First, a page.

Puts firm's failure to capitalise on games down to culture of senior staff changing roles regularly

ID Software talks Mac gaming

Apple’s failure to grasp any substantial share of the computer games market is down to the company’s culture of senior staff changing roles on a regular basis and its inability to follow through on its promises to publishers and developers.

Speaking with Kikizo, iD Software’s chief executive Todd Hollenshead said that he agreed with Valve founder and CEO Gabe Newell that one of the firm’s biggest failings was its ability to keep one person responsible for games and that constant churn might benefit Apple overall but that it was disasterous for Mac as a gaming platform.

"The Apple guys will probably frown to hear me say that [Gabe is absolutely right], but I mean there are facts and there are facts, and the fact is that over the years, Apple has shown an interest in gaming and then not followed through on it," he said. "Certainly, our hope is that they are going to follow through.

"I do think they have made a significant investment," he added, but warned that the games industry isn’t going to jump through hoops like other industries might to be on the Mac platform.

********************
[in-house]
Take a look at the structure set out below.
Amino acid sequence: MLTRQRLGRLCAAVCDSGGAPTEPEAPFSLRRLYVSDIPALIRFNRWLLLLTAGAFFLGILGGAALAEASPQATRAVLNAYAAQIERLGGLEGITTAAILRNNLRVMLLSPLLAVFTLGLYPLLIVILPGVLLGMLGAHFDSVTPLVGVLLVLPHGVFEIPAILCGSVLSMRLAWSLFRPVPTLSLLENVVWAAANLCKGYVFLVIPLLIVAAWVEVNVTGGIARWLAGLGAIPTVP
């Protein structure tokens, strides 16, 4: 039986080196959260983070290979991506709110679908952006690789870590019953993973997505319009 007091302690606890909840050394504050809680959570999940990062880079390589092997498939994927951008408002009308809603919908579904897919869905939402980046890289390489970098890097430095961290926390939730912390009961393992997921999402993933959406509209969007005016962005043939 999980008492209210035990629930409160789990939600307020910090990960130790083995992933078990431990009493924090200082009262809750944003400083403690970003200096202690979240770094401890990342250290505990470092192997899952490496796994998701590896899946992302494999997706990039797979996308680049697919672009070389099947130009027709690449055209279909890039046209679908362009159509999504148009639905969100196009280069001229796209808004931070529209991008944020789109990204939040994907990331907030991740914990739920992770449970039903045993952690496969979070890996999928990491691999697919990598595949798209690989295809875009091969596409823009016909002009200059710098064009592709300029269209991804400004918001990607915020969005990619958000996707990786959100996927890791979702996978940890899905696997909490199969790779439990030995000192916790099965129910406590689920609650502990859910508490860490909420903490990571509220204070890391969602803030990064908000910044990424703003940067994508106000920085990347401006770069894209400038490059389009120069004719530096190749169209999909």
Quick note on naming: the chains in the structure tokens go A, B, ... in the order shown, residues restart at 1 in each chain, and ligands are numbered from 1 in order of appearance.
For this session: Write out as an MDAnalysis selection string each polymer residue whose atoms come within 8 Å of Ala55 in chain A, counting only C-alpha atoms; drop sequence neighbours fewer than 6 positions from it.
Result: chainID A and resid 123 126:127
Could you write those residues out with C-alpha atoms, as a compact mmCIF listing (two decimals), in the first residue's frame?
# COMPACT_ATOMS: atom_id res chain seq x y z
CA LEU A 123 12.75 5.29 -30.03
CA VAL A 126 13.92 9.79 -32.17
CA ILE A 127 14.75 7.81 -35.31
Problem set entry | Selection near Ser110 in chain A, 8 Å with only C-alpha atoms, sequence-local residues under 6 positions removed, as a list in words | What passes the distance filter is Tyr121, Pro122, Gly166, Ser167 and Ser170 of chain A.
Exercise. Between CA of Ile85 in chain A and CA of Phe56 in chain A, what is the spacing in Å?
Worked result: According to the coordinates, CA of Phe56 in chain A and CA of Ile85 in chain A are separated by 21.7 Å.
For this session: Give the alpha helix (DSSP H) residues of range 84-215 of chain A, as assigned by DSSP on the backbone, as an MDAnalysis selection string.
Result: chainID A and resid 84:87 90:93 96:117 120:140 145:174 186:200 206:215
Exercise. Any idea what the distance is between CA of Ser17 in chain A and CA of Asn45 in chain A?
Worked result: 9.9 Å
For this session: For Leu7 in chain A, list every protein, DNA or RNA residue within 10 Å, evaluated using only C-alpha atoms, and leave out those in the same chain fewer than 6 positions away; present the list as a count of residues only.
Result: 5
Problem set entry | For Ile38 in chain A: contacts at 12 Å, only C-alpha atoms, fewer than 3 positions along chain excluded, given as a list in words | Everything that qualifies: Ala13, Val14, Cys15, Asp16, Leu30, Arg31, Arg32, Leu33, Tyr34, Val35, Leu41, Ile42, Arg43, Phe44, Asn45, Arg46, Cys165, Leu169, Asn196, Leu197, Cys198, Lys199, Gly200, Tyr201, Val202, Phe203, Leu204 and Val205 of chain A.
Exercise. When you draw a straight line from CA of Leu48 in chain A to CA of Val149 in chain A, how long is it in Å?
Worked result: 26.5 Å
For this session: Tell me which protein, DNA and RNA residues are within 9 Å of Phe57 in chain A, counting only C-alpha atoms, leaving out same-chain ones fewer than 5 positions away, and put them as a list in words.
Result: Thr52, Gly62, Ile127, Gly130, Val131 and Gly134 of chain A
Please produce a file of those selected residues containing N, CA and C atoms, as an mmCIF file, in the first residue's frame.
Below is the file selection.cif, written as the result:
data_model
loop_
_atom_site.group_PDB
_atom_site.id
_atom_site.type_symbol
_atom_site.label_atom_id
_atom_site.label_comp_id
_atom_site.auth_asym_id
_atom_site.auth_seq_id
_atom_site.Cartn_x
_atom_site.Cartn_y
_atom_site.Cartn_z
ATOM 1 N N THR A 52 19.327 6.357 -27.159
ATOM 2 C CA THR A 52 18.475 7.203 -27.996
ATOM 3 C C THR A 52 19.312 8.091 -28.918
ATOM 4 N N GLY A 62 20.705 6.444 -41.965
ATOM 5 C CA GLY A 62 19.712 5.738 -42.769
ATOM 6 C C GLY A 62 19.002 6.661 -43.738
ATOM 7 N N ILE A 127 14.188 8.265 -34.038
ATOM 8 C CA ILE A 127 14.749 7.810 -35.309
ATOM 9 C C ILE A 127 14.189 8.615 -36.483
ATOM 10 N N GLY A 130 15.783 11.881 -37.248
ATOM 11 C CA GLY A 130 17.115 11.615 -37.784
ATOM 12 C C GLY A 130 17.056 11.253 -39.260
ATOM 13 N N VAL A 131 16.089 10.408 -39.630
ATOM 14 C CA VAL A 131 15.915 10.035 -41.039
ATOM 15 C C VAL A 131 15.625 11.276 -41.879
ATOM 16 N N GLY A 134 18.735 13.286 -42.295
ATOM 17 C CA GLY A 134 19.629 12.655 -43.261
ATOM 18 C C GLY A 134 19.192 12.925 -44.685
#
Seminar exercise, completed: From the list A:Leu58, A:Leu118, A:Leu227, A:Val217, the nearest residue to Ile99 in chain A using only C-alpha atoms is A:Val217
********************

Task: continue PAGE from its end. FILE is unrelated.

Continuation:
"Jobs had a limited around of time [at his 2007 WWDC keynote] and John Carmack isn’t the kind of guy who’s going to get up on stage just to please Steve Jobs. John has his own ideas and he’s his own guy and even the persona of Steve Jobs isn’t going to work very well – if at all!"

He also warned that Apple has to follow up on the promises it has already made. "Now it was great for Apple to work with us, we were in some dialogue and they asked what we thought of having [our games] on Mac, they sent some engineers down and they made a commitment about drivers and how they were going to support all this stuff in the future.

"I certainly hope they follow through on it, because with the hardware now, you’re not having to deal with all this weird PowerPC architecture; they have Intel chips and all that stuff, and it does make it a whole lot easier for us to work with it."

Check Also

Kaspersky reveals phishing emails that employees find most confusing

According to estimates, 91% of all cyberattacks begin with a phishing email, and phishing techniques are …